<em>The Caveman Play</em>&nbsp;from The Basement

FIT Review: The Caveman Play

The politics are clear, and funny, in Jeff Swearingen's The Caveman Play presented by The Basement at the 19th Festival of Independent Theatres.

published Wednesday, July 26, 2017

Photo: Taylor Donnelson
From left, Doak Rapp, Ashleigh Smith and Chris Rodenbaugh in The Caveman Play from The Basement


Dallas — The Basement makes its Festival of Independent Theatres debut with The Caveman Play, written by Jeff Swearingen. This group features young adult actors, many of them alums of Fun House Theatre and Film who are looking at opportunities in theater outside of the typical university drama productions. 

The Caveman Play is an interesting take on existential questions such as our innate tribalism, male/female dynamics, social power structures, and the acceptance of “the new” in society.  Where it succeeds is in the writing and a strong straight-man performance in the star, Chris Rodenbaugh, but there’s also a solid showing from others in the cast: director Doak Rapp as Scrock, Ashleigh Smith as Gorga, Joseph Nativi as Frukin, Laney Neumann as Ugrin, and Taylor Donnelson as Gnarlin.

The pacing is quick with a nice balance of plot development and punchlines, much to Swearengen’s and Rapp’s credit. The bawdy level is in the Goldilocks winner “not too hot,/not too cold” category, but perhaps a bit overly relied upon for a laugh. The costume design and props (uncredited, but presumably by the ensemble) work for comic effect and show budget limitations in a new production.

The conflict of the play has Rodenbaugh’s character, Ugh, questioning the fundamental tenants of his tribe and only ever getting the response “that’s just the way it is” from them, even after he makes useful discoveries that he teaches to his fellow cavepeople. It’s the same struggle that rebels face throughout history, best summed up by Ghandi: “First they ignore you, then they ridicule you, then they fight you, and then you win.”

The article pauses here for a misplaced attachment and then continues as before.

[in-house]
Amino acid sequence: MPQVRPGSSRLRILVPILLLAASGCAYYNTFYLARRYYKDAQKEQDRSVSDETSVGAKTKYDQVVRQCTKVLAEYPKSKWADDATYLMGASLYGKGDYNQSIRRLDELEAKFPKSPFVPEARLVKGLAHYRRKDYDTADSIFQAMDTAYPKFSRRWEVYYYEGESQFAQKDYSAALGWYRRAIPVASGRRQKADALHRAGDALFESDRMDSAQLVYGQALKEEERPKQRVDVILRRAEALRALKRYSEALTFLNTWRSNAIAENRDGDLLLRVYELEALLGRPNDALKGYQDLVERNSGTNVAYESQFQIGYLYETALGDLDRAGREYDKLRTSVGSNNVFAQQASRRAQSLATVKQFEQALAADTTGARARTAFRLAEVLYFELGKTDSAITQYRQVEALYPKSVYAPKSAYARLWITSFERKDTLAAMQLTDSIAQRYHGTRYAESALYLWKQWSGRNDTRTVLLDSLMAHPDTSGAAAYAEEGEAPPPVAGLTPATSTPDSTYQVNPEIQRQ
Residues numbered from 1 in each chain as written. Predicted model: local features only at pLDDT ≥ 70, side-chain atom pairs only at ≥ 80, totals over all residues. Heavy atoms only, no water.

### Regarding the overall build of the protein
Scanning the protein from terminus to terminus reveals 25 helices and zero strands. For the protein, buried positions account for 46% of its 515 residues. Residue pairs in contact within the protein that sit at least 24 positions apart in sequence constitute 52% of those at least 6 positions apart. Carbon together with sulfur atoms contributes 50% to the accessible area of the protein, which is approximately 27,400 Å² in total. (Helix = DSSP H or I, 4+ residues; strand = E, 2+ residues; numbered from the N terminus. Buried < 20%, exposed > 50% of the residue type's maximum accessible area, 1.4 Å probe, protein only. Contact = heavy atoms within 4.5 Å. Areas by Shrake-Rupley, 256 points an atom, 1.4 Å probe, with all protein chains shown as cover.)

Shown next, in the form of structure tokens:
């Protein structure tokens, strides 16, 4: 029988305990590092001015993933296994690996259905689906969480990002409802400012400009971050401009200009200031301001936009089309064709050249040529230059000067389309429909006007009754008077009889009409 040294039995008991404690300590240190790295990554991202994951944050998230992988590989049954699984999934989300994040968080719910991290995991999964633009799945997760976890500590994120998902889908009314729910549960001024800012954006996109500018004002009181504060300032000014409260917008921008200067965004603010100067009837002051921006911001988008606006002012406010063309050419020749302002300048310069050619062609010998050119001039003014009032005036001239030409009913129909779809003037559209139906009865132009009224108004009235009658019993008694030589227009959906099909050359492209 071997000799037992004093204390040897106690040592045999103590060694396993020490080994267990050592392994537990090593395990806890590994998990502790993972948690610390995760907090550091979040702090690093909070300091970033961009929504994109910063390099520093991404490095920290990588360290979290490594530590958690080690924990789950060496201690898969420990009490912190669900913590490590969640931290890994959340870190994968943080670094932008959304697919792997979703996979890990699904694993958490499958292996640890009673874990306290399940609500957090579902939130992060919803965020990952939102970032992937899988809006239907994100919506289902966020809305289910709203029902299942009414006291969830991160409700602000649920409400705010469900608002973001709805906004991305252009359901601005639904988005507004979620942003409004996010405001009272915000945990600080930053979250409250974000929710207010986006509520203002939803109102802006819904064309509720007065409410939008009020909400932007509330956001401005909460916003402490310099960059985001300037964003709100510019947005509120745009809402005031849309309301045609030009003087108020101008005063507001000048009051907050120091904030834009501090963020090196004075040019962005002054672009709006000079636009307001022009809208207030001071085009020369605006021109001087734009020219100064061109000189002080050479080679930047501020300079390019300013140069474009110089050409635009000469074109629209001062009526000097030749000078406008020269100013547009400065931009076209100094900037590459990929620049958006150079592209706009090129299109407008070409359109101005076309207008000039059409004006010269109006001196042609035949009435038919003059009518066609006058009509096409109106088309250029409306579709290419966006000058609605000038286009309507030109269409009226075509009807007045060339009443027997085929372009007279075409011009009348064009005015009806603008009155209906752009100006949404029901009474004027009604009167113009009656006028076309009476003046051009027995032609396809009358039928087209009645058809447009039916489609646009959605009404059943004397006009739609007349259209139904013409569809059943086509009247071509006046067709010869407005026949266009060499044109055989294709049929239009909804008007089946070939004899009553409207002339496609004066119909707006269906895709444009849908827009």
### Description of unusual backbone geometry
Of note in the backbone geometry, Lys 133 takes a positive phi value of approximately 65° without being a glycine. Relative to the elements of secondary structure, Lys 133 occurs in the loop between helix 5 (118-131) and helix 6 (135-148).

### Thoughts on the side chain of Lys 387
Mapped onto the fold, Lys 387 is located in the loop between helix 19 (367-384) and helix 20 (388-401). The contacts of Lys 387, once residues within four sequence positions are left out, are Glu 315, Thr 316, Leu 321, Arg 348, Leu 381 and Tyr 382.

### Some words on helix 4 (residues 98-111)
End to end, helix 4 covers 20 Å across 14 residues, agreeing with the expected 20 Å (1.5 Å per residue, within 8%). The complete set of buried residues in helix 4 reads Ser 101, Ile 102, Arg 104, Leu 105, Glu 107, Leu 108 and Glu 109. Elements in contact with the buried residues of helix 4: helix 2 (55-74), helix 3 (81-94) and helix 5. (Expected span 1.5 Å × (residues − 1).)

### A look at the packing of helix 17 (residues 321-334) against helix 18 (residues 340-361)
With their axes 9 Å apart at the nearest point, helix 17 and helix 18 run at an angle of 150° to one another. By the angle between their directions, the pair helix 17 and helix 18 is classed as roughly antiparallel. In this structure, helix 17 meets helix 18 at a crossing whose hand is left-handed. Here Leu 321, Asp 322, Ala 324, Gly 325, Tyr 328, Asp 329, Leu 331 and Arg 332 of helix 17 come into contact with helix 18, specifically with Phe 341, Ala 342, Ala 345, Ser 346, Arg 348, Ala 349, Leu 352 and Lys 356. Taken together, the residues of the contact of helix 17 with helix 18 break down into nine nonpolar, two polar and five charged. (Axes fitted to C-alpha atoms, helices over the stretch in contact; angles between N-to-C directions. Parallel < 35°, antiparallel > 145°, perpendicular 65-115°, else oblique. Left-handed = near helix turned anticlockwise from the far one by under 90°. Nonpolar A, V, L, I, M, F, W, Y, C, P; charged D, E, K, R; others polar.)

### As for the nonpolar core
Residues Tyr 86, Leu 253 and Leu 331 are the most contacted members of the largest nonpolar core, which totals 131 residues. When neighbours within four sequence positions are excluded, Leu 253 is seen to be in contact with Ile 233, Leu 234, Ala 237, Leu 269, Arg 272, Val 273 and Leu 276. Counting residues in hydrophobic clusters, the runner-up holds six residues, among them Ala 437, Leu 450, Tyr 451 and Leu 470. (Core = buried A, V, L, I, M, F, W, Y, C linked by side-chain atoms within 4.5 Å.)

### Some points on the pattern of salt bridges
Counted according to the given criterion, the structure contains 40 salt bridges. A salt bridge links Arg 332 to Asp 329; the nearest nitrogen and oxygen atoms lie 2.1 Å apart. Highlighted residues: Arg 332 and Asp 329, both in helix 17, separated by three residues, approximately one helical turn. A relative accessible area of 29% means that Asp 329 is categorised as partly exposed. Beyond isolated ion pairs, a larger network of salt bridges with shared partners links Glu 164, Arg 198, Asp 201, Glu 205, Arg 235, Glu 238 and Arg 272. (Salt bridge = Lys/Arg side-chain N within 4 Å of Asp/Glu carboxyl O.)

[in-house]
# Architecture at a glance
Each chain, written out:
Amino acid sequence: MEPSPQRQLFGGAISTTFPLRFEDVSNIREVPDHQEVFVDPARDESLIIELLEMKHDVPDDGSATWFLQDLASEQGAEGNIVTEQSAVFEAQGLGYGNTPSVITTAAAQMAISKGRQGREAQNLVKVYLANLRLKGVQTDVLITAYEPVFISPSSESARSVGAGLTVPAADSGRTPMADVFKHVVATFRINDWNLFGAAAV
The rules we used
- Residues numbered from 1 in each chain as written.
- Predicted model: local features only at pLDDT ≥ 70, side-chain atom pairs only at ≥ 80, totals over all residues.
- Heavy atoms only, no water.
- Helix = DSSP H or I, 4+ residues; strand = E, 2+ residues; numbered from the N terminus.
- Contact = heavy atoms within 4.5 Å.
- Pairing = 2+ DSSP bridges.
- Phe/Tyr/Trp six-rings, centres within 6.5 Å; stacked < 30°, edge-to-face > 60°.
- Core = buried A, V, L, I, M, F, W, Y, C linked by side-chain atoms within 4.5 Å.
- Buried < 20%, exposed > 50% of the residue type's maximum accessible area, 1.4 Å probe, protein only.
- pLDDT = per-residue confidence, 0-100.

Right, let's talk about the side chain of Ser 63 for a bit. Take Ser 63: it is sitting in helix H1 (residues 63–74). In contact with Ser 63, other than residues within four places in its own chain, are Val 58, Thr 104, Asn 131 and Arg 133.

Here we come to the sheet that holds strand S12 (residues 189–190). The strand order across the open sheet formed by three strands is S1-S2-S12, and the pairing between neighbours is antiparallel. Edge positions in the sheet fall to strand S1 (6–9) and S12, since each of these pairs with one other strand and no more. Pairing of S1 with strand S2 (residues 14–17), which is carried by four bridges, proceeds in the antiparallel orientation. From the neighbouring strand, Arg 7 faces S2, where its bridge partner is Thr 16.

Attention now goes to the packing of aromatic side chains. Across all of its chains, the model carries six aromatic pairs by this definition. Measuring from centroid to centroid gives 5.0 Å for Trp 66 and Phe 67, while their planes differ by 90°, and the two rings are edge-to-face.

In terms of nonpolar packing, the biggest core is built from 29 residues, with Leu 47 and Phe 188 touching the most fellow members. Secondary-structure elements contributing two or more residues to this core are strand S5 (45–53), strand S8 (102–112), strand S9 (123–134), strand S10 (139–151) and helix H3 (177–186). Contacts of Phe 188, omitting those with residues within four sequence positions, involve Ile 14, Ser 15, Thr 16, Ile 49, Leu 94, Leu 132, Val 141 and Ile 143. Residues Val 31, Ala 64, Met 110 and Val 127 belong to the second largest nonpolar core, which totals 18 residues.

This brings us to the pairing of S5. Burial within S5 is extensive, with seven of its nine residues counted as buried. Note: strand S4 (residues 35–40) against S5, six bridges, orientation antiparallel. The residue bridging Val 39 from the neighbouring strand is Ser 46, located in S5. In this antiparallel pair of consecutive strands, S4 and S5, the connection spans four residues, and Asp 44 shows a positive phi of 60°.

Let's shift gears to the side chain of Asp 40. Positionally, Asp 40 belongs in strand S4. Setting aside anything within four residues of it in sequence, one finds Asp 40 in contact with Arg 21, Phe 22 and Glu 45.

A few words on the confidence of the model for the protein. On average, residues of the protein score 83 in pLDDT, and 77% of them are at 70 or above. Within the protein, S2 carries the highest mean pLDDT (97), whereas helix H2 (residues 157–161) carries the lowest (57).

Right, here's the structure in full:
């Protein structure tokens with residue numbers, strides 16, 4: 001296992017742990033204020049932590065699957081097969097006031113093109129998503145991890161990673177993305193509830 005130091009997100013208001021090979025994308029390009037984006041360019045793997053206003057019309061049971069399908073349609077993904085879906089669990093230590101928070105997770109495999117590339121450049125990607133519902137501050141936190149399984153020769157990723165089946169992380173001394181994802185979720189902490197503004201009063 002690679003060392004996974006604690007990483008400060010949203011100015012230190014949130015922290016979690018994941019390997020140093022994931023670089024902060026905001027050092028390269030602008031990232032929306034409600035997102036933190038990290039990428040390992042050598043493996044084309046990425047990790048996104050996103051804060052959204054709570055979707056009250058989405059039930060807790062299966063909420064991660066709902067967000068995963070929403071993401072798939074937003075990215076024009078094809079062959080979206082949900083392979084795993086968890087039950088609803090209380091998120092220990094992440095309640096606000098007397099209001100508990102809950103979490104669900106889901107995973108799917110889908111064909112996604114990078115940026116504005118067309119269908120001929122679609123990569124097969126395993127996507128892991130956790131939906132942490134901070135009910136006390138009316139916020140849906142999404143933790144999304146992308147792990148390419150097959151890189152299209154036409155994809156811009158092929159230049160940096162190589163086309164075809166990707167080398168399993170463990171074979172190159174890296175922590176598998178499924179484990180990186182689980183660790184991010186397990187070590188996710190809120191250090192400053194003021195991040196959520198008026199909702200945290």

When an animated video introduces the famous experiment of the monkeys and the step ladder to demonstrate pack mentality, the target of this play becomes even clearer.

The production goes into overkill in the closing when the political commentary text overshadows the subtext. The common horror movie adage “never show the monster” would succeed in capturing the tension a bit more than a projected sketch of it on stage during an ominous voiceover in the finale, although it does follow through with the play’s cave drawings that accompany each scene.

That said, when it’s paired with Audacity Theatre Lab’s The Great Dictator, as it was when both plays opened on July 21, it’s a one-two punch at current American politics.


The Caveman Play continues in the following blocks:

  • 5 p.m. Saturday, July 29
  • 2 p.m. Sunday, July 30
  • 8 p.m. Saturday, Aug. 5

Read our interview with Doak Rapp here

See more info about the 2017 Festival of Independent Theatres schedule here.




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FIT Review: The Caveman Play
The politics are clear, and funny, in Jeff Swearingen's The Caveman Play presented by The Basement at the 19th Festival of Independent Theatres.
by Brian Wilson

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